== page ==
I’m excited to utilise this archival research in my forthcoming monograph, and would like to thank the Design History Society, the British Library, the Royal College of Surgeons and the Wellcome Library for making this research possible.
N.B. A version of this post will also appear on the Design History Society blog.
Image via The Conversation
Perhaps the most significant event this week, was the passing of the great art critic John Berger, whose hugely influential book and tv series ‘Ways of Seeing’, has been a touchstone of art historical and critical enquiry since its publication in the 1970s. Many excellent articles and obituaries of Berger were published this week, including this, this, and this.
I was excited to see that Joanne Begiato’s article ‘Tears and the Manly Sailor in England, c. 1760–1860‘, in the Journal for Maritime Research is free access. Download it here.
I greatly enjoyed the post, ‘Feel free to call me Dr.’ on the Tenure, She Wrote blog. It’s excellent on the politics of nomenclature in academia, and the importance of these issues for academics who are from minority backgrounds. I also enjoyed Dr Kieran Fenby-Hulse’s post, ‘From 2016 to 2017: Thoughts on Research Practice, Embedding Creativity, Punk Academia, and Work-Life Balance‘, which is also great on issues of identity within the academy.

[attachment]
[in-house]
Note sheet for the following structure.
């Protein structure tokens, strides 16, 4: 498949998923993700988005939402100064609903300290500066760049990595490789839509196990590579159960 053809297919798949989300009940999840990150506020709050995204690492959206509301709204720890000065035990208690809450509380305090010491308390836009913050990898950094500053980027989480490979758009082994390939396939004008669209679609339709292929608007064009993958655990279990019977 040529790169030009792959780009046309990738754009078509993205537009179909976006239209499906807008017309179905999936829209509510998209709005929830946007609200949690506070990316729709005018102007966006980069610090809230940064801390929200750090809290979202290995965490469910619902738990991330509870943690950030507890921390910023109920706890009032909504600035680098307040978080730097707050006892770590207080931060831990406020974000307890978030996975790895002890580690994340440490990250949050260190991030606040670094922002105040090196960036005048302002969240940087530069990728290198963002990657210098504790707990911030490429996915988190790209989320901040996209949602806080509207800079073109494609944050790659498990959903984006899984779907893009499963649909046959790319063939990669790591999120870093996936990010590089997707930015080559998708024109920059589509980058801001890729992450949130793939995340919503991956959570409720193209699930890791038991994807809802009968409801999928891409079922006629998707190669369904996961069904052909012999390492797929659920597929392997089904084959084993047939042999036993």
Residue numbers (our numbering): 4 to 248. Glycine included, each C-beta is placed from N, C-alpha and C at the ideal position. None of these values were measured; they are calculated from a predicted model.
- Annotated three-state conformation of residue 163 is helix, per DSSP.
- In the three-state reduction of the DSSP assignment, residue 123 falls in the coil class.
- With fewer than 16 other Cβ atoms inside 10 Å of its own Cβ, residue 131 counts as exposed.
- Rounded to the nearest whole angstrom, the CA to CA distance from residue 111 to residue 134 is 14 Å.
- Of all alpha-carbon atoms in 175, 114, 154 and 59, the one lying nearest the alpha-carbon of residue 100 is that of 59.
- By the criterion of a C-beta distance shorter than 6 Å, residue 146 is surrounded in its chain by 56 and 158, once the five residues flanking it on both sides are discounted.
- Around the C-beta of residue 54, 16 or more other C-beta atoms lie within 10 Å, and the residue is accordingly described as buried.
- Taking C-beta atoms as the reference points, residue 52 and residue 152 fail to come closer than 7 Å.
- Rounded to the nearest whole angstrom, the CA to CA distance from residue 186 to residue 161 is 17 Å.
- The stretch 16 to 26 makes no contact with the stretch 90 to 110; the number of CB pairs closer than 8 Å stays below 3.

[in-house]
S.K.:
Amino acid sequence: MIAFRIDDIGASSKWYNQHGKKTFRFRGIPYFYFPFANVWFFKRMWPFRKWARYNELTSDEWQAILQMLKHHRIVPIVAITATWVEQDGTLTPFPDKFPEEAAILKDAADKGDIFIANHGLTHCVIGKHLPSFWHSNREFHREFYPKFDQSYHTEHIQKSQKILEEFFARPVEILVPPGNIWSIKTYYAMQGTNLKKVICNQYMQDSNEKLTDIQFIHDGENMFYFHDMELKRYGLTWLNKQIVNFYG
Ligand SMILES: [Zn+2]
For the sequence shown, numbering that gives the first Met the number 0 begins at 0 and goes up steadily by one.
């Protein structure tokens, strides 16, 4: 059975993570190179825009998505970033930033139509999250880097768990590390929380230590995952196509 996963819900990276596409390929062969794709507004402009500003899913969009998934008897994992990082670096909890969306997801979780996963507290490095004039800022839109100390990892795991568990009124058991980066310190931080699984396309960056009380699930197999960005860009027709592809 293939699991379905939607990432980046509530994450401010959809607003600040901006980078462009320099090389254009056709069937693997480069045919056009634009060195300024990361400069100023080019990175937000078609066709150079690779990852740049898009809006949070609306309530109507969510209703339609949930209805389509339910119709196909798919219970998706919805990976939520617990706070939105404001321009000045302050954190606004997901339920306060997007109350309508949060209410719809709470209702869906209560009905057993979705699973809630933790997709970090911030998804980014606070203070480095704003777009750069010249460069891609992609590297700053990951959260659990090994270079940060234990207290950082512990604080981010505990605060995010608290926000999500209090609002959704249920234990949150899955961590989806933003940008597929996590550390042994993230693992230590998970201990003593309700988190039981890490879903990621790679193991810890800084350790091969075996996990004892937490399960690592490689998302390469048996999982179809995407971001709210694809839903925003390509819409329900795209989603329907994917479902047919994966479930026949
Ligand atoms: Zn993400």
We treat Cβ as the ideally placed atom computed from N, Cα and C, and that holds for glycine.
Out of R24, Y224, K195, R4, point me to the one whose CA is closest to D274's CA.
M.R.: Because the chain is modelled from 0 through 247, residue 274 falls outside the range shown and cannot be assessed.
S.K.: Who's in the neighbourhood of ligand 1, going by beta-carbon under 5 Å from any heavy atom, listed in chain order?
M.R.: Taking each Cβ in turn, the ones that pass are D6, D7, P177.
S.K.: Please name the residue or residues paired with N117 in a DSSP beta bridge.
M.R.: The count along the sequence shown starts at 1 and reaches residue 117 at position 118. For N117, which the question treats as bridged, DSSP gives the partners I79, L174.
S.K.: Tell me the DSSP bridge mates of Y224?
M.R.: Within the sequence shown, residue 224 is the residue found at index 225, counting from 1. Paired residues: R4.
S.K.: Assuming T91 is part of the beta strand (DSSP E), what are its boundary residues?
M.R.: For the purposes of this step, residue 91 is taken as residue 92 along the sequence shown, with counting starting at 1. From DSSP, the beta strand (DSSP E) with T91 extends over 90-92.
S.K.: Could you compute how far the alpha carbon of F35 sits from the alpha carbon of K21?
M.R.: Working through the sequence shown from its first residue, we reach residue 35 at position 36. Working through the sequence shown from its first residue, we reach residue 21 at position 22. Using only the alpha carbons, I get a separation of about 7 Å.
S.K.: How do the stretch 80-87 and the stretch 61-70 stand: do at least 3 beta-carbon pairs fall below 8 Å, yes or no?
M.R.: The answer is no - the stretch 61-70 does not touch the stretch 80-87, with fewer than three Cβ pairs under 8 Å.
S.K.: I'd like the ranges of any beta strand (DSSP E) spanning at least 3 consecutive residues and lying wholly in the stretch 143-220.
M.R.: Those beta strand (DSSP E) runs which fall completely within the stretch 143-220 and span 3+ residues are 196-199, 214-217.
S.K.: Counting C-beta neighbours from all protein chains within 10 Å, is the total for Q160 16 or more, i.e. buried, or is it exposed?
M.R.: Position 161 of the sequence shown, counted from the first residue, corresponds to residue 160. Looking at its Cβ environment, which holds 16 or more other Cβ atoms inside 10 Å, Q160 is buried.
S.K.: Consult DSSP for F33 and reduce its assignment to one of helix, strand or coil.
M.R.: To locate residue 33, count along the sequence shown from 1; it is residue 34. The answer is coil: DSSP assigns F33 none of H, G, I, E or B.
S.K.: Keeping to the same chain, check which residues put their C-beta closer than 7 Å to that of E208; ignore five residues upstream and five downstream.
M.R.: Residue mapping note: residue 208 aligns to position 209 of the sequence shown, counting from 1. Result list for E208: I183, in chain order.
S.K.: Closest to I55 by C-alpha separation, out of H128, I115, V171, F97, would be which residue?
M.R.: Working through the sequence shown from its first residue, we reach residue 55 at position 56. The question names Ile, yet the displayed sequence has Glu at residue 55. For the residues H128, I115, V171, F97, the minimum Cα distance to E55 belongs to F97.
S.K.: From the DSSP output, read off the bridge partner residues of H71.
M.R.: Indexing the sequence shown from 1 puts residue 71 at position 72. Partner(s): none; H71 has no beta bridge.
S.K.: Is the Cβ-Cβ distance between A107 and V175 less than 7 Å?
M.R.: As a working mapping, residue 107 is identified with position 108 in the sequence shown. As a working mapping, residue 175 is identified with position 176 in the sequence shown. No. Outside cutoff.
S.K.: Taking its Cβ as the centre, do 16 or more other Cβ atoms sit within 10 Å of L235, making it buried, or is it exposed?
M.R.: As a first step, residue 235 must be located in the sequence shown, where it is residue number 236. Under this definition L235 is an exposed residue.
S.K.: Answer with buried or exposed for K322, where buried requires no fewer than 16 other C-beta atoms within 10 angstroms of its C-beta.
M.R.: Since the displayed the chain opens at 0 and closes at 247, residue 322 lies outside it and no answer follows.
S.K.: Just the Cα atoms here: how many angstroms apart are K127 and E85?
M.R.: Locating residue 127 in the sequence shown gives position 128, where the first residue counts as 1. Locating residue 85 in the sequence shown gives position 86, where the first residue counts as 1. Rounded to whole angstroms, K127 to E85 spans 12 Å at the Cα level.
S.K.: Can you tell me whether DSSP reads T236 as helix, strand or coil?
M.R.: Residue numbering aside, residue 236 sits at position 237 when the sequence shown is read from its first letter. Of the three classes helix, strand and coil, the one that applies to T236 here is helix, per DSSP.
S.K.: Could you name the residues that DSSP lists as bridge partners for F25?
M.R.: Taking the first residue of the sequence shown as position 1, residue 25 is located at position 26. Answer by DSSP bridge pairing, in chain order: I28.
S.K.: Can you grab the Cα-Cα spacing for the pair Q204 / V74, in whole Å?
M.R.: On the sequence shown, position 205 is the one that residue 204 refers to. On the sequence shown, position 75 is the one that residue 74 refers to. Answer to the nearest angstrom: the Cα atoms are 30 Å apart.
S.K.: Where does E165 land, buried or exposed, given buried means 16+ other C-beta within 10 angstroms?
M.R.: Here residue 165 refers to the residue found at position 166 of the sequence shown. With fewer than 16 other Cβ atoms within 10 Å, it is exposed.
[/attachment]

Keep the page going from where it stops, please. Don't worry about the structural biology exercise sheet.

There were a number of events that drew my attention this week, including the Centre for the History of the Emotions‘ 2017 Seminar Programme , the upcoming event ‘Living With Feeling in the Nineteenth-Century‘ at Royal Holloway’s Centre for Victorian Studies, and the Cruising the 1970s project’s event ‘Between the Sheets: Radical print cultures before the queer bookshop‘.
The following CFPs also caught my eye:
Call for Submissions: Anthology on Arab Masculinity